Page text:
Commerce Taking Case-by-Case Approach to Supply Chain Bans

The Department of Commerce released a draft regulation for a case-by-case process of banning Americans from buying IT equipment from companies controlled by foreign interests, a power granted by May’s executive order on supply chain security.

According to a November 27 post in the Federal Register, Commerce will take a case-by-case approach to banning transactions of IT and communications technologies and services (ICTS) with foreign adversaries, instead of using categorical bans of companies like the department’s Bureau of Industry and Security’s Entity List.

“A case-by-case process allows for the deliberative application of the authority granted to the Secretary by the President in the Executive order as the Secretary seeks to calibrate properly the application of this new authority,” the department states.

The department will decide which transactions to evaluate based on referrals from other Federal agencies and Commerce’s own information about a transaction. Commerce will also decide which countries count as a foreign adversary, in consultation with the Department of State, the Department of Defense, the Secretary of Homeland Security, and others.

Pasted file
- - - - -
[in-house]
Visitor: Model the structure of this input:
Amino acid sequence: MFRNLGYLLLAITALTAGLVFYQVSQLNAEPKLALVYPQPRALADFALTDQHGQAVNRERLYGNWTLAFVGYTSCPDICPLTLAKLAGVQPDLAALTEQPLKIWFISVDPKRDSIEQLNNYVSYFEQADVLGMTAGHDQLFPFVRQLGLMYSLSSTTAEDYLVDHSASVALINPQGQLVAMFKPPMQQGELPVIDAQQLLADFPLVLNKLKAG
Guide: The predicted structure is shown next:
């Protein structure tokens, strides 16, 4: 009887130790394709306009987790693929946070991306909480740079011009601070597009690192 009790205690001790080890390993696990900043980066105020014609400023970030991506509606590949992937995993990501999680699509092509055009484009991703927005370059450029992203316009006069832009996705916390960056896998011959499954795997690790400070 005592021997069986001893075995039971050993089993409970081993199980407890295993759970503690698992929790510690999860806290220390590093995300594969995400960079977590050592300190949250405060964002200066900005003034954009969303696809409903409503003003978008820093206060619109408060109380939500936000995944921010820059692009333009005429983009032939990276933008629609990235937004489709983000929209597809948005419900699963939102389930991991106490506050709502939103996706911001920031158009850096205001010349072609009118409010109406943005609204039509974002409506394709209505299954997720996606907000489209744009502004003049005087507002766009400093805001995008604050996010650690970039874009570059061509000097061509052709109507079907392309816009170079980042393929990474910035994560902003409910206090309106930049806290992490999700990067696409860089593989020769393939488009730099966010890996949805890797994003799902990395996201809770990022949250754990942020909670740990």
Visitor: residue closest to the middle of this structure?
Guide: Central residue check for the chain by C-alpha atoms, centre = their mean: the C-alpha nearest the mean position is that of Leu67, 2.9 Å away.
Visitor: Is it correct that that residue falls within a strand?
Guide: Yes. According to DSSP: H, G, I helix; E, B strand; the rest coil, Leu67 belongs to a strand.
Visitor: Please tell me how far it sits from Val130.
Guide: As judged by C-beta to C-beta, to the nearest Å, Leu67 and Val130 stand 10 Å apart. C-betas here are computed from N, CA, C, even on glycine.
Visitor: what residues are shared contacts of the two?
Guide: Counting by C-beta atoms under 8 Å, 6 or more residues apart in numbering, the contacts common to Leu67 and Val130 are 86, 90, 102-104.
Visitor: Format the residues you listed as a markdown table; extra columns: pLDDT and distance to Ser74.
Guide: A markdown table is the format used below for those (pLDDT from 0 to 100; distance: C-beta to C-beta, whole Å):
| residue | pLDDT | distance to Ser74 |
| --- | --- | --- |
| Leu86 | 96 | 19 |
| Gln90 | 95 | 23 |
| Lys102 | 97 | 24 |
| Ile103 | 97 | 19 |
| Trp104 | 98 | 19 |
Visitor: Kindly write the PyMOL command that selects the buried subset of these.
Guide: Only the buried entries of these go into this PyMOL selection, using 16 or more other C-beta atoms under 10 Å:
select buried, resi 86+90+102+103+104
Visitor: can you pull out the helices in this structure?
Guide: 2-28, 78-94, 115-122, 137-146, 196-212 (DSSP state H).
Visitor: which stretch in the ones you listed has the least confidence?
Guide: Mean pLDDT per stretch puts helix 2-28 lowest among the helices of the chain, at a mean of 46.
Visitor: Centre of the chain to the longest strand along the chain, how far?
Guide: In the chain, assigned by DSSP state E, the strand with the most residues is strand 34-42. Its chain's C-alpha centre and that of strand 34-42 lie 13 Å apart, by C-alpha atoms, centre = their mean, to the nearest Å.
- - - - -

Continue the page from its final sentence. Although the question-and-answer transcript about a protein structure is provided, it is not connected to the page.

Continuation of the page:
The process for banning a transaction would provide notice to parties of an evaluation, decide whether a party to the transaction is controlled by a foreign adversary, and hear feedback from both sides before making a final determination.

“If the Secretary determines that a transaction presents an undue or unacceptable risk, the Secretary may require measures to mitigate the transaction’s identified risks or may prohibit the transaction, including by requiring that the parties engaged in the transaction immediately cease the use of the ICTS that poses the undue or unacceptable risk, even if such ICTS has been installed or was in operation prior to the Secretary’s determination,” Commerce notes.

However, Commerce is seeking feedback on whether categorical exclusions are warranted, as the department notes in its questions for public feedback. The department also asks about technologies where risks might be mitigated, users that might be exempted from the bans, and recordkeeping requirements for Americans.

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